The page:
The Horse Came Back Alone, Part 2

The Horse Came Back Alone, Part 2

Photo: © muha04 |

Genre: Fantasy

Note: This is Part 2 of this story. It is also the final part. Catch up on Part 1 here.

I had gotten this far in practice before when it became more of a struggle to keep Ashe on course than it was to let go.

This was the point where The Nameless began to slip and where Edwin and I always had to turn back.

The damn horses wouldn’t stay their course.

We knew it was the devil tricking us again. Mocking us with his control over our horses. Our beautiful, deft horses who knew the landscape like the back of their hooves. Who were at once a gift and a burden.

Ashe was full-out fighting me now. His will was winning out over mine. His body fought my own, threatening to rip my grasp from his reigns, letting him run free and most certainly allowing The Nameless to slip. That was certain death.

The Nameless was moving toward four o’clock.

I swore that the heat from the ground was rising in flames around us. Like fingers from the lava pools reaching up and grabbing my legs, making me feel too warm. The cool fire no longer cooling.

The red sky was the same everywhere we went, no matter what direction we turned in. Blank and eternal.

I was losing the will to hold on.

Ashe was fierce as he lowered his head and dug his hooves into the sand, going faster and faster in the direction he wanted. Disobeying me.

I yanked hard in desperation, doing my best to pull him back, to keep him at twelve o’clock.

And his reigns snapped in my hands.

The worn leather, marred by the constant heat and the relentless practice, had given out. The broken end flew away from my right hand, just out of reach.

My left hand still held the other end, but Ashe was now free of my grasp and direction.

The devil was coming for me.

I grabbed Ashe’s mane, as the only reliable thing to hold onto now, and lowered my head toward his neck, smelling the musky scent of his body as he carried me toward death.

I waited for the hands of the devil to snatch me off his back.

But they never came.

Instead, I kept my face buried in Ashe, feeling the wind and the pounding of the ground as we continued to ride.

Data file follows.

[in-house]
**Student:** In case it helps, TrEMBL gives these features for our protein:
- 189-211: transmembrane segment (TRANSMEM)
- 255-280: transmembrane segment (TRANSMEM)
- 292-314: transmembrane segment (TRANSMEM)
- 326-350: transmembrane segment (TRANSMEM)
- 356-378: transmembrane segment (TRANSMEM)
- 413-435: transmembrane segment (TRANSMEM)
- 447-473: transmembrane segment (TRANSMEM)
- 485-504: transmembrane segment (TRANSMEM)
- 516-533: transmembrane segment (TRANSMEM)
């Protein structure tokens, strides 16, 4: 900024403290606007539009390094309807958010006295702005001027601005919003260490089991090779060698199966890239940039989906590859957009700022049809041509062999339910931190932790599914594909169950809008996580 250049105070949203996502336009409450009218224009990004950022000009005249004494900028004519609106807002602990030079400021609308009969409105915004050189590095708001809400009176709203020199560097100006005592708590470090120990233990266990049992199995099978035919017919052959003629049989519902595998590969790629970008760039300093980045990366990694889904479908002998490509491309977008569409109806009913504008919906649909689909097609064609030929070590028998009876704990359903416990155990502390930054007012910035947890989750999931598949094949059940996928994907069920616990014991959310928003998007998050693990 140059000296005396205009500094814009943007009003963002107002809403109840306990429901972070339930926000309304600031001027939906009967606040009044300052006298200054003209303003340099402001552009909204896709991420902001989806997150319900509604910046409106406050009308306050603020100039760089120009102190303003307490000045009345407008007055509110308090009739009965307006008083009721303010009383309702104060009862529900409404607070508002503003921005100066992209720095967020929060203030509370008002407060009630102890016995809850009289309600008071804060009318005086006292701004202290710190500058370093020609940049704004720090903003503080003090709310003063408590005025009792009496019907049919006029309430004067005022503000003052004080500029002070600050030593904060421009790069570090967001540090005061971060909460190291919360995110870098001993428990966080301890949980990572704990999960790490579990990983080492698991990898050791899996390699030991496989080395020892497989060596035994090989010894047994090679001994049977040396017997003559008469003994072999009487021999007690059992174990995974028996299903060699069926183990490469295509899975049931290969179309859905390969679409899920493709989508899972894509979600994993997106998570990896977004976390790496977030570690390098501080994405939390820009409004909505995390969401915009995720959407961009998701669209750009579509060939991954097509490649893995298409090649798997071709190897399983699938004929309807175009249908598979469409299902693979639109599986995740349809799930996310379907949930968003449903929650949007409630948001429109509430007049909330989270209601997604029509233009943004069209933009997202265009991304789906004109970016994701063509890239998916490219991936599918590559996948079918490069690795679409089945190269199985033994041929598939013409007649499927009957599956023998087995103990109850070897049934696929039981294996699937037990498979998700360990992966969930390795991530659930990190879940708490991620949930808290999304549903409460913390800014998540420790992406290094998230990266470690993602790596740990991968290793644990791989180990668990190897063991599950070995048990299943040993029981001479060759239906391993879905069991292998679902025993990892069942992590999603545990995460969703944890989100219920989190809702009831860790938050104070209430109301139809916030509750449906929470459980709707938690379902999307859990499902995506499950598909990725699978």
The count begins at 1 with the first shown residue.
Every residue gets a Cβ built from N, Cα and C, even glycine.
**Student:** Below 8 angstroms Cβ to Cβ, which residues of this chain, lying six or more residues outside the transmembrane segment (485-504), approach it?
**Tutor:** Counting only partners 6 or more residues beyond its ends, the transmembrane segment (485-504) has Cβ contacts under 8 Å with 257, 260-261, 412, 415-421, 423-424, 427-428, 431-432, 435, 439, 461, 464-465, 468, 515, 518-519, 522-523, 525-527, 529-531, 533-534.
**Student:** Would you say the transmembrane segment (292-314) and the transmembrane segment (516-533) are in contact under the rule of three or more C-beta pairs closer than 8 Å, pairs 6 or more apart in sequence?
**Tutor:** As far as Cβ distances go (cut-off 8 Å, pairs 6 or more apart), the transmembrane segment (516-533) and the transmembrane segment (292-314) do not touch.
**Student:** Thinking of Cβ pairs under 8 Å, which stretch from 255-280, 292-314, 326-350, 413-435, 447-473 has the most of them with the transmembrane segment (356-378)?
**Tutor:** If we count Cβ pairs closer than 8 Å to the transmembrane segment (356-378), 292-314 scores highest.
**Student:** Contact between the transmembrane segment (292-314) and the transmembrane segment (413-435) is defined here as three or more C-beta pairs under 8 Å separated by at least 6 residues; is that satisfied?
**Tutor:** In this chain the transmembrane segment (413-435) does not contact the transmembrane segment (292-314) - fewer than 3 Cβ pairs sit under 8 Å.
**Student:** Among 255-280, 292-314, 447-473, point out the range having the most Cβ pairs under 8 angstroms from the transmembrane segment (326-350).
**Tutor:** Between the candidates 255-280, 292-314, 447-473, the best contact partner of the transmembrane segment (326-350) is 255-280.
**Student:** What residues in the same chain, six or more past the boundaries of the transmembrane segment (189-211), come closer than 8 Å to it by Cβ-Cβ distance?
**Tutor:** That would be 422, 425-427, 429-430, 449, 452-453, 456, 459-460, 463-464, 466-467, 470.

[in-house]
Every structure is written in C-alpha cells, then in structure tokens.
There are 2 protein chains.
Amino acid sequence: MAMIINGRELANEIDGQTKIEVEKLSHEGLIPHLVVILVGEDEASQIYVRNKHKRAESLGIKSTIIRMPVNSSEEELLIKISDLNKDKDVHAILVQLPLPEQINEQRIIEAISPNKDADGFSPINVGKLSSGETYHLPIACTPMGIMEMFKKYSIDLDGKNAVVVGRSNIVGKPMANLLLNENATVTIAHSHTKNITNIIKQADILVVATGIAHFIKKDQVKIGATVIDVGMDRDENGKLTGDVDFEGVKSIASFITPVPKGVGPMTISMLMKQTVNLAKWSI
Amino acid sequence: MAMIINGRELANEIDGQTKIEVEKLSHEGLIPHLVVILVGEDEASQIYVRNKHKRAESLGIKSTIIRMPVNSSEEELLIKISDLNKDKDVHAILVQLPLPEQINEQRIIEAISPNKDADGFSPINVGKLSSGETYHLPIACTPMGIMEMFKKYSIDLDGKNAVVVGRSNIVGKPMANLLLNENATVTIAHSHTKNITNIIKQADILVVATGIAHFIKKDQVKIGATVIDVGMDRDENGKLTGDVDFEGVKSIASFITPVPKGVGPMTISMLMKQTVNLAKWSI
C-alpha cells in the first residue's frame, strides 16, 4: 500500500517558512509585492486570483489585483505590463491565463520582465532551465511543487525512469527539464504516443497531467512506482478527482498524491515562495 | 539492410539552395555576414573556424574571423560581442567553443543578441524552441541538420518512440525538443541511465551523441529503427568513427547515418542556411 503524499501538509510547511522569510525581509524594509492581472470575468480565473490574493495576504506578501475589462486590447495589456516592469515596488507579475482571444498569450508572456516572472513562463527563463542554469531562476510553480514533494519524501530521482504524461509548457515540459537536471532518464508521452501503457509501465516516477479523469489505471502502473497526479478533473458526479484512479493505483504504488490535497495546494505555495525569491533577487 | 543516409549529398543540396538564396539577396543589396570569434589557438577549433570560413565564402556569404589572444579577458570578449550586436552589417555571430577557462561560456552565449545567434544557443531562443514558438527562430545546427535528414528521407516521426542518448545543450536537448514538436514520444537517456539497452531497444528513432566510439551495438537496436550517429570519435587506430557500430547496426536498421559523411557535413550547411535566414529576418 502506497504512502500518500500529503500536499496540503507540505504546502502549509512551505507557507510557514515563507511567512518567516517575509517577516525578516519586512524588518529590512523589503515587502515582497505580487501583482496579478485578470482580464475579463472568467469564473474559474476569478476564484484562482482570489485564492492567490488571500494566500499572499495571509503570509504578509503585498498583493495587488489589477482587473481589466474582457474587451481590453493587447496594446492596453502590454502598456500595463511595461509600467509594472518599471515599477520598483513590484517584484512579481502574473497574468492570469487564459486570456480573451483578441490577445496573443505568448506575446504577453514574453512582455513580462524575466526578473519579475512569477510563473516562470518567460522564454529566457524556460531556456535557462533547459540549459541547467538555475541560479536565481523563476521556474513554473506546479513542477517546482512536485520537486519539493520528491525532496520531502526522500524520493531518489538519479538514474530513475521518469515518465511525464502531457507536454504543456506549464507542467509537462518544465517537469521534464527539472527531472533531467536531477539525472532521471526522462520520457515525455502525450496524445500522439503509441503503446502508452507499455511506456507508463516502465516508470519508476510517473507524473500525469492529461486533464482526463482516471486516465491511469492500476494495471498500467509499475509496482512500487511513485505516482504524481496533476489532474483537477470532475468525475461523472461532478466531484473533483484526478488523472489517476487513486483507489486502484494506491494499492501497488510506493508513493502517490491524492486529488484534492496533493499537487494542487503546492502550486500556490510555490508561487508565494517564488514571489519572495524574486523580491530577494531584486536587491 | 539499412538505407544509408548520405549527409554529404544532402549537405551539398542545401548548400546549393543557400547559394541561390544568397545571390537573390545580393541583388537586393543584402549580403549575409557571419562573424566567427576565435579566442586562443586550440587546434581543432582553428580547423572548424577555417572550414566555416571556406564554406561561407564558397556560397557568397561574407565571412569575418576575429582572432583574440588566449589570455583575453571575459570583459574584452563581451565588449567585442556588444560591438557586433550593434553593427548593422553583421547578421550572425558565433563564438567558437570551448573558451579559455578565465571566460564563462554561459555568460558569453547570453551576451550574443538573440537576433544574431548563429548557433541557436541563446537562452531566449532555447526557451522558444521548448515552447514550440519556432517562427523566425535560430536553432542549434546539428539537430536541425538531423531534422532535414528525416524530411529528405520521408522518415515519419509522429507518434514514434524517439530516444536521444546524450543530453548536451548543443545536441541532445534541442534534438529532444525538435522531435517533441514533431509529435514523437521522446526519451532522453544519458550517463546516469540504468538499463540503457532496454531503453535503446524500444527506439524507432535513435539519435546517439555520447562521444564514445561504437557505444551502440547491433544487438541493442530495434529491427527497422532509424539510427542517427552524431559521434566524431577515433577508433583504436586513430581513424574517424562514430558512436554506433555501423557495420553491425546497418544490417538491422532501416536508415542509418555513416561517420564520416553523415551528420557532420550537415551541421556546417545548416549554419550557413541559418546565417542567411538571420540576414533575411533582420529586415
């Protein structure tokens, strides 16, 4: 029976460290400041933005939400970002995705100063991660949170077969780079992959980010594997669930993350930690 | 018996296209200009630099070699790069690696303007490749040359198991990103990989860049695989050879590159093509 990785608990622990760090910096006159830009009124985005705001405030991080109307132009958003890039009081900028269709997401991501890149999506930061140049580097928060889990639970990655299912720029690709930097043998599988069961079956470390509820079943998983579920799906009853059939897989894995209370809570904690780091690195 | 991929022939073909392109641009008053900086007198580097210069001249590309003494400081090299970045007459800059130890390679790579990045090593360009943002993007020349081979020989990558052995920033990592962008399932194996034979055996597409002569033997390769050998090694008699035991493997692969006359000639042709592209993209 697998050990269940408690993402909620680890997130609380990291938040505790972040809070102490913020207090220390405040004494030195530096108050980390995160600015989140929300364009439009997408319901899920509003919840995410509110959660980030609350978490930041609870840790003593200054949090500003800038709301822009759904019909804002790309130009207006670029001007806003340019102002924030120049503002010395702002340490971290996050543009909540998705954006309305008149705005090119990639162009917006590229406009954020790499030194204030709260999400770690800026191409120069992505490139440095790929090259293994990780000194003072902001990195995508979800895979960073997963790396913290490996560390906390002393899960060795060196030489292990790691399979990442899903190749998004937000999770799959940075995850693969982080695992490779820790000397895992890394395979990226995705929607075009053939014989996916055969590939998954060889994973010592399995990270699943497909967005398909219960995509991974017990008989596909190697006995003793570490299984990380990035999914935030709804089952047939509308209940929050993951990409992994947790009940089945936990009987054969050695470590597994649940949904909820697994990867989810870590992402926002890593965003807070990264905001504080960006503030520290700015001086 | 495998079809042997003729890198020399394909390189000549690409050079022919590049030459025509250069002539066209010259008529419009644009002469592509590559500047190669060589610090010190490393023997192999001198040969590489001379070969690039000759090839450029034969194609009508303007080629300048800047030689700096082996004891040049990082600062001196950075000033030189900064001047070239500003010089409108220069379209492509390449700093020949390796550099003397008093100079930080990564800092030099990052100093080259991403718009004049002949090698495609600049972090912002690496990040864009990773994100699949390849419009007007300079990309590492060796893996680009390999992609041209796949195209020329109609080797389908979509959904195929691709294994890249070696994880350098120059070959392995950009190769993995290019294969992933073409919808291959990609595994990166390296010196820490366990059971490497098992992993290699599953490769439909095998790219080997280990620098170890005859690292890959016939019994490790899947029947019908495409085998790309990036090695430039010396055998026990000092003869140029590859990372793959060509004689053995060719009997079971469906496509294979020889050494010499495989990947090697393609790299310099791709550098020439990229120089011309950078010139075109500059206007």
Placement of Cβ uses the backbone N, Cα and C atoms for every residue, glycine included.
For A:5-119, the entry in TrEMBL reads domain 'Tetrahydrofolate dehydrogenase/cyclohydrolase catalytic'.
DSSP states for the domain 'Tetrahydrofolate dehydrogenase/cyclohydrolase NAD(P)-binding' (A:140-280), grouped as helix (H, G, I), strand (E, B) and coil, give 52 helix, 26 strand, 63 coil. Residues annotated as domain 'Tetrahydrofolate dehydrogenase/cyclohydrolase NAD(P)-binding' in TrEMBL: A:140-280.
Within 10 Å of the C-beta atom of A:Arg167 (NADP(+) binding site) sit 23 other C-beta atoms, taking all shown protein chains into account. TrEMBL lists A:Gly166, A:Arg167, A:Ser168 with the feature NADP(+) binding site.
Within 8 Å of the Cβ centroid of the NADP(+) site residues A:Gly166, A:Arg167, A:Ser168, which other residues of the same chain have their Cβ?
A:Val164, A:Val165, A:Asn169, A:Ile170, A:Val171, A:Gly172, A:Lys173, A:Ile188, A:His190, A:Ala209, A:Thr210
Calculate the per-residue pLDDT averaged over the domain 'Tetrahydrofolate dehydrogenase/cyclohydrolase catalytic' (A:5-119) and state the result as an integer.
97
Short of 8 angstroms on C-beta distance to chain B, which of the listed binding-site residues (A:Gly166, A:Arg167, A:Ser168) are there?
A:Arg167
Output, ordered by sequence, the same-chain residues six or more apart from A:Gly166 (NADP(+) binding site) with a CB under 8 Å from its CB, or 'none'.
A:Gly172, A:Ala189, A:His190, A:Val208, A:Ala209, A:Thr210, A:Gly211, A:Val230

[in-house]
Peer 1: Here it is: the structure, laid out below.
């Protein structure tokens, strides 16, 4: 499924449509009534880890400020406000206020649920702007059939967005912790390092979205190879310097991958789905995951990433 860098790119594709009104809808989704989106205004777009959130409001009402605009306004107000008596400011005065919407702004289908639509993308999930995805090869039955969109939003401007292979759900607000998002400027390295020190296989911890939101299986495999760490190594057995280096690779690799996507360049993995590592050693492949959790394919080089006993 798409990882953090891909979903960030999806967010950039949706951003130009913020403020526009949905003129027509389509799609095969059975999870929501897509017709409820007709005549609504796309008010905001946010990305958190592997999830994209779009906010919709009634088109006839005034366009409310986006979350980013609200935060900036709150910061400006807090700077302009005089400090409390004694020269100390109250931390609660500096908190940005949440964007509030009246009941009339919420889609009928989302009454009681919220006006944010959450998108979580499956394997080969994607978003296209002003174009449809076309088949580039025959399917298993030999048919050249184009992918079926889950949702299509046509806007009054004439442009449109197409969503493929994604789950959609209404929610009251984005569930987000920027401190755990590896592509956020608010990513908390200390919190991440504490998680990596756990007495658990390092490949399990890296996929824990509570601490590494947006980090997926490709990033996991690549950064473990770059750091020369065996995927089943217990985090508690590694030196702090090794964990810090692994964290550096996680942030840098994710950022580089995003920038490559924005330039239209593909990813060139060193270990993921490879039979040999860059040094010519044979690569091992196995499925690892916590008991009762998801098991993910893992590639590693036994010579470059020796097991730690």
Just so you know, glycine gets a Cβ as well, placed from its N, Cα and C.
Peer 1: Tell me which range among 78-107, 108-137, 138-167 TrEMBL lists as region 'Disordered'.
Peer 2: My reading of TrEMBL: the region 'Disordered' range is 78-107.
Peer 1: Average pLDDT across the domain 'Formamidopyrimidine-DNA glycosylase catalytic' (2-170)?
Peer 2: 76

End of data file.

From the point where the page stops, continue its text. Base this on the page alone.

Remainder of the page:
I hoped Ashe knew where he was going because I had completely given up control.

Why I was not being thrown from him was beyond me, but I held onto whatever moments of life I had left, the strands of his mane comforting me in the red heat.

I felt as alive as I’d ever been.

All the hours of practice, the time with my people planning, wondering how to reach The Nameless, the migrating animals, and the expansion of the lava pools had kept me in fear. And the fear had driven me. I hadn't navigated Ashe. The fear had navigated me.

And so the fear navigated Ashe.

It was the horses who knew.

On chance, I looked up, expecting to find only flames and death, and instead, I saw something else.

The Nameless at twelve o'clock.

We were headed straight for it.

Ashe held his ground and it felt like we were flying, rather than galloping, over the land, his hooves no longer pounding, grinding on the sand. The lava pools were smaller and easier to dodge, and the world was getting greener.

I sat up straight, using all the courage I could muster, hands still in Ashe's mane, and faced my death, if it was still upon me, in the only way I knew how.

On my horse’s back.

But somehow, I thought it had passed me over, and now Ashe's hooves hit dirt and grass, rather than sand and lava. The desert was changing, and we were now at the foot of The Nameless.

The sky above was blue, with clouds, and I could hear running water. A deer peeked out from behind a tree, glanced at me, and bounced away, its white tail marking the place it had once been.

I hopped off Ashe, and for the first time in my life, I touched grass and smelled air tinged with moisture rather than fire.

I turned and looked behind me and could still see the red of my previous life.

The devil had lost me.

I left Ashe where he was and jogged toward the stream that I heard, bent down, and touched the cool water that ran over rocks. Cupping my hand, I gathered some up and put it to my mouth, letting it run down my throat and feeling it cool my entire body.

Ashe was right behind me.

He, too, bent down to drink.

His broken reigns hung around him like a yoke no longer needed, and he moved his body to throw them off and get rid of them, which he couldn't do without my help.

I steadied him and grabbed the broken leather, lifting it over his head and discarding it on the ground. It would return to the earth eventually, exactly where it belonged.

I drank more water, loving the cool feel of it, and rested my hand on the bark of the tree next to me, its trunk massive. My gaze turned toward the top of The Nameless, and I knew we would give this place a name.

Placing my hands in Ashe's mane, I grabbed on to help myself up and turned back toward the red.

We would not come back alone.

If you enjoyed this story, feel free to buy me a club soda. All bubbly water is voluntary and appreciated, and I may just splash a little bourbon in it too. ;)

Amanda Linehan is a multi-genre fiction writer and indie author. She has published 13 titles since 2012 and has been read in 113 countries. Check out her published titles on the Books page.